chapter  1
Crisis in Criminal Justice Policy
Pages 16

In 1977, C. Ray Jeffrey, soon to be elected president of the American Society of Criminology, declared unhesitantly that “punishment has failed. . . treatment has failed.”1 This assertion is perhaps overly sweeping and, some might argue, empirically problematic. But whatever

its factual merits, Jeffrey’s statement accurately expressed the sentiments of many of his academic peers and, indeed, of much of the general public at this time. Nothing that was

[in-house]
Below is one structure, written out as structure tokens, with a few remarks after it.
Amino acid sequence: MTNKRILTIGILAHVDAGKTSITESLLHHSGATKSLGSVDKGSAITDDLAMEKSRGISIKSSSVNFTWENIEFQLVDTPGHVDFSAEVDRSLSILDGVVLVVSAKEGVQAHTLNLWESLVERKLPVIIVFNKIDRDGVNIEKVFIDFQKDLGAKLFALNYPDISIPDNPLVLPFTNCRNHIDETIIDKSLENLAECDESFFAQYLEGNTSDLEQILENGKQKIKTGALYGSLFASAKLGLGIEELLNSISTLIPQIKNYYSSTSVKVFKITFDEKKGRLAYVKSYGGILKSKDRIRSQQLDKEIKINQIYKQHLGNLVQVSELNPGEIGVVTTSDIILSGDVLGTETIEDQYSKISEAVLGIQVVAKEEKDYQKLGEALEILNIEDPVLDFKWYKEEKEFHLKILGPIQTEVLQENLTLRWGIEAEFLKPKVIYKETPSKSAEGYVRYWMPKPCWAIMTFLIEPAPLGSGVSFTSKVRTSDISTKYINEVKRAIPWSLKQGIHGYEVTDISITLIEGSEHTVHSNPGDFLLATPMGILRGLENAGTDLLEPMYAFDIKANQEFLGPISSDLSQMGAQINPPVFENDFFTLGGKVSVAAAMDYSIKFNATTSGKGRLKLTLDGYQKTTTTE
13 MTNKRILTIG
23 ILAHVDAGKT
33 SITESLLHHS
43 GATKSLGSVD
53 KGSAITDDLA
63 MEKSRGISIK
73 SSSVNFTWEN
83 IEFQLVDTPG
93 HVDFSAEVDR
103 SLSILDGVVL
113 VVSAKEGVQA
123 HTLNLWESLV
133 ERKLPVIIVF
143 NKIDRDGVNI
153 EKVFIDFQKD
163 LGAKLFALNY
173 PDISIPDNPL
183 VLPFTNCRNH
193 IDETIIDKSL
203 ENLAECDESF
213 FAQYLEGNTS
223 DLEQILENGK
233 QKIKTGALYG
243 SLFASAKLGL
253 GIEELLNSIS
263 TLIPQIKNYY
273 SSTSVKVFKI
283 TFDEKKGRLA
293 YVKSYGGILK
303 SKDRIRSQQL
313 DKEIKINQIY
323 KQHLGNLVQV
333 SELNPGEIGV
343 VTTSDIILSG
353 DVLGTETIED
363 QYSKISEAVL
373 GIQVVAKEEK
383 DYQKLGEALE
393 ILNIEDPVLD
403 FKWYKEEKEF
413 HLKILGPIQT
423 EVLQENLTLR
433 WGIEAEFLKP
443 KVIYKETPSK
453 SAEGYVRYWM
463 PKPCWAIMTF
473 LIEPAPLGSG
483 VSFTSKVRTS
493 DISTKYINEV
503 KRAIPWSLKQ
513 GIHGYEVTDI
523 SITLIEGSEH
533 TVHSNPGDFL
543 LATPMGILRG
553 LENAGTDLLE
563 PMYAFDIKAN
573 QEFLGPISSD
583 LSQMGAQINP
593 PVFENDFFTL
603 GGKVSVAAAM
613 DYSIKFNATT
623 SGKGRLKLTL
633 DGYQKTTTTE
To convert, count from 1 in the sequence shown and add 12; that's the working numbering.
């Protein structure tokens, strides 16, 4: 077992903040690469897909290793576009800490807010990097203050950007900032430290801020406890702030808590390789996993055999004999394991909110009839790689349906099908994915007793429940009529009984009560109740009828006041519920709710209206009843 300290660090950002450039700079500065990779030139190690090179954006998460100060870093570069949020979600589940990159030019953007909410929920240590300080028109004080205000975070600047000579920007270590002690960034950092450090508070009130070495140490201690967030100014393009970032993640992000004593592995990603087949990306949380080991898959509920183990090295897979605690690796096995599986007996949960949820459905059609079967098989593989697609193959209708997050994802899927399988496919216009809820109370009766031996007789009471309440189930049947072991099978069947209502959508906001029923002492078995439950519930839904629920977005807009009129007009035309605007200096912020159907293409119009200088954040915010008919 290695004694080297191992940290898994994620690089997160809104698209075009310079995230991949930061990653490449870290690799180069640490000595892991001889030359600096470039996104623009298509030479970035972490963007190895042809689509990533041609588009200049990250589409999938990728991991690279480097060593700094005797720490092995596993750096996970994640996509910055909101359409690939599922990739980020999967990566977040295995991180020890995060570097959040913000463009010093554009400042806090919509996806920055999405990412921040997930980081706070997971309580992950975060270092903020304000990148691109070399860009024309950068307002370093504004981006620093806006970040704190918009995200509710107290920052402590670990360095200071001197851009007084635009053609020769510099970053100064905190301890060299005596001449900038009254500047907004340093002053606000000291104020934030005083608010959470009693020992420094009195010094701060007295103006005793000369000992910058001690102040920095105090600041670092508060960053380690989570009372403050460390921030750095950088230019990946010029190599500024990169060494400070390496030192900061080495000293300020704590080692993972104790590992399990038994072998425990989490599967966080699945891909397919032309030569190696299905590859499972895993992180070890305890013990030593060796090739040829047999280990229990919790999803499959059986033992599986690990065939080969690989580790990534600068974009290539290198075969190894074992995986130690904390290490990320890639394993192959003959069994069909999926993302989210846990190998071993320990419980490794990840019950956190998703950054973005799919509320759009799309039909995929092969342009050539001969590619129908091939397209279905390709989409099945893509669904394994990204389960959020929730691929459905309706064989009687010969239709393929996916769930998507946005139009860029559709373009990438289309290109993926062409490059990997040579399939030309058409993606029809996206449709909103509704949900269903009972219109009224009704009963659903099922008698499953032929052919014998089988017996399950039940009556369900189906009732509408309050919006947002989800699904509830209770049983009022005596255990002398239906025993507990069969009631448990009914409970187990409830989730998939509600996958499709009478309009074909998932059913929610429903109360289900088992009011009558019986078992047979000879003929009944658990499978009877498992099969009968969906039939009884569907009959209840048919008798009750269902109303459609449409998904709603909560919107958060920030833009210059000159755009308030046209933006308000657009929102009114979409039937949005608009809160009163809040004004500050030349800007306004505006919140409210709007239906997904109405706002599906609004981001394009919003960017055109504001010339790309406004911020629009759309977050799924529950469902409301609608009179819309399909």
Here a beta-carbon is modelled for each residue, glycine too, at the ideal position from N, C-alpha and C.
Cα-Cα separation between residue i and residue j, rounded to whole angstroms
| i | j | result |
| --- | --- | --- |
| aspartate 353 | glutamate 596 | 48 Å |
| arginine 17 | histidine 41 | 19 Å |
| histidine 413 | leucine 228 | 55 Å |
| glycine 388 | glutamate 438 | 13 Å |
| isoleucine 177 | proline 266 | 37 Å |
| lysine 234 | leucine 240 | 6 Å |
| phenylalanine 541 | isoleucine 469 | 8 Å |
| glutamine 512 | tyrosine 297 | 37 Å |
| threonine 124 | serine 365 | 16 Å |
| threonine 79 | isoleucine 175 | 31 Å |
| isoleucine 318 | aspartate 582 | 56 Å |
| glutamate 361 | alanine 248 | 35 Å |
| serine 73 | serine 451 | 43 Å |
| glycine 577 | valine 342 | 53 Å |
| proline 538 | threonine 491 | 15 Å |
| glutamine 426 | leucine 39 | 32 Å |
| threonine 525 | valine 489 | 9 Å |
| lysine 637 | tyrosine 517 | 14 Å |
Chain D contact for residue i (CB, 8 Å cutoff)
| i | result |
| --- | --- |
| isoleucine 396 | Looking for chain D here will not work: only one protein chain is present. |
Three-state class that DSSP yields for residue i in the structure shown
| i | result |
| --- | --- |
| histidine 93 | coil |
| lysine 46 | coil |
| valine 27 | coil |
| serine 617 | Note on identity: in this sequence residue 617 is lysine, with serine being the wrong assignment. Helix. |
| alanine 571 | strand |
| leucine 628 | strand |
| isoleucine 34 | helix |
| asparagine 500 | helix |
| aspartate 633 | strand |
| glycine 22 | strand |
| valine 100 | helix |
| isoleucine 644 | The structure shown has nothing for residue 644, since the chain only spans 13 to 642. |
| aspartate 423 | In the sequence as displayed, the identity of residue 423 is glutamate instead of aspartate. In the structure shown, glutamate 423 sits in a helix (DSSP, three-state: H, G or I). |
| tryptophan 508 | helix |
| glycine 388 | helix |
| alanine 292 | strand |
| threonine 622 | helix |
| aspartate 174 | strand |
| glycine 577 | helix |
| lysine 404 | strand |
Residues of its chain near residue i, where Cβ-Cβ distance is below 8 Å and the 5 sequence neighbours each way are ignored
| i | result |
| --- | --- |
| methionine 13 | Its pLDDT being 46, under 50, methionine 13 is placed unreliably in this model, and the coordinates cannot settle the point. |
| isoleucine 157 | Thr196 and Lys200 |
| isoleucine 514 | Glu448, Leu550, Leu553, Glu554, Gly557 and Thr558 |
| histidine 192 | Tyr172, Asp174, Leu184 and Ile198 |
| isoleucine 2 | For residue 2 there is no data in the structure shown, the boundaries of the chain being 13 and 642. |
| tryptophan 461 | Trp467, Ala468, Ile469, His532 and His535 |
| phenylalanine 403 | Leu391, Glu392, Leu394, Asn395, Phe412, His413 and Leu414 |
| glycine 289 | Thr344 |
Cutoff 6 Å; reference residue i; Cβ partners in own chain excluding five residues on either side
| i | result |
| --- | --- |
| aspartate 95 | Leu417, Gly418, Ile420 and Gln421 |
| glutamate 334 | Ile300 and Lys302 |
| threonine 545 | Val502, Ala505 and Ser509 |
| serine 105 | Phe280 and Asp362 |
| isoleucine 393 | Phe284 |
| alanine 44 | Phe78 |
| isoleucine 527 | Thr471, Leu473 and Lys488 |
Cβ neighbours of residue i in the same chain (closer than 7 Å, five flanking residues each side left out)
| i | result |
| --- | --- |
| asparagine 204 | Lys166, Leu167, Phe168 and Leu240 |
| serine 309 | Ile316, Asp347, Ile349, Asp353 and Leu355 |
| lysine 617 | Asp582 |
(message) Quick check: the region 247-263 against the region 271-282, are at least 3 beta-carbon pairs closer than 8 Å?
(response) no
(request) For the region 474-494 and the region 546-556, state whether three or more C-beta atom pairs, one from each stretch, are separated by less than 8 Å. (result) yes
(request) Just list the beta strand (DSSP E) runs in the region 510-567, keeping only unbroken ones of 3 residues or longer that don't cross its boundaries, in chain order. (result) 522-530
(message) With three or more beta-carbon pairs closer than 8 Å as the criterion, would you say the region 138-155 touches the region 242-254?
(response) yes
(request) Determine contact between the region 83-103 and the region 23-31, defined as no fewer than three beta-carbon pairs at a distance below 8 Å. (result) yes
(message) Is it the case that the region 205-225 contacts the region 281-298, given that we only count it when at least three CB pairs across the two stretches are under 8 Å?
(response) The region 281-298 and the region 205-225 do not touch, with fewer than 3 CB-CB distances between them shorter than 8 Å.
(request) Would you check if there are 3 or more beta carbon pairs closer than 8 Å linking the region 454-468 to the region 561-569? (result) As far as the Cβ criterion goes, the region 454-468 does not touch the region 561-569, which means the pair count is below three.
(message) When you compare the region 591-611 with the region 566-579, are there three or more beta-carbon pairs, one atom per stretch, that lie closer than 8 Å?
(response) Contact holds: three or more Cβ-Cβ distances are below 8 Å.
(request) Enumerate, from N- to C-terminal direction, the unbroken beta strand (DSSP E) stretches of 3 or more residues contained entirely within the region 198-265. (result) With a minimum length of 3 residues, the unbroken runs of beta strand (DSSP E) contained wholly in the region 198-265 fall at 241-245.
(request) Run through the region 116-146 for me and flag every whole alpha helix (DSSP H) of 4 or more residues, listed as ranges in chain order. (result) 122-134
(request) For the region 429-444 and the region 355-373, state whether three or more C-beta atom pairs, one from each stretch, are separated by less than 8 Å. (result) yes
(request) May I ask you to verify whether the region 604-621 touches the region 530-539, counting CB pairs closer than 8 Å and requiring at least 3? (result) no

being done about the “crime problem” seemed either to prove or promise to be successful-

our “war on crime” was in a shambles-and the public agitated for order to be restored. However, the uncertainties as to just what solution would rectify this troubling state of affairs

were considerable; a crisis in American criminal justice policy prevailed.2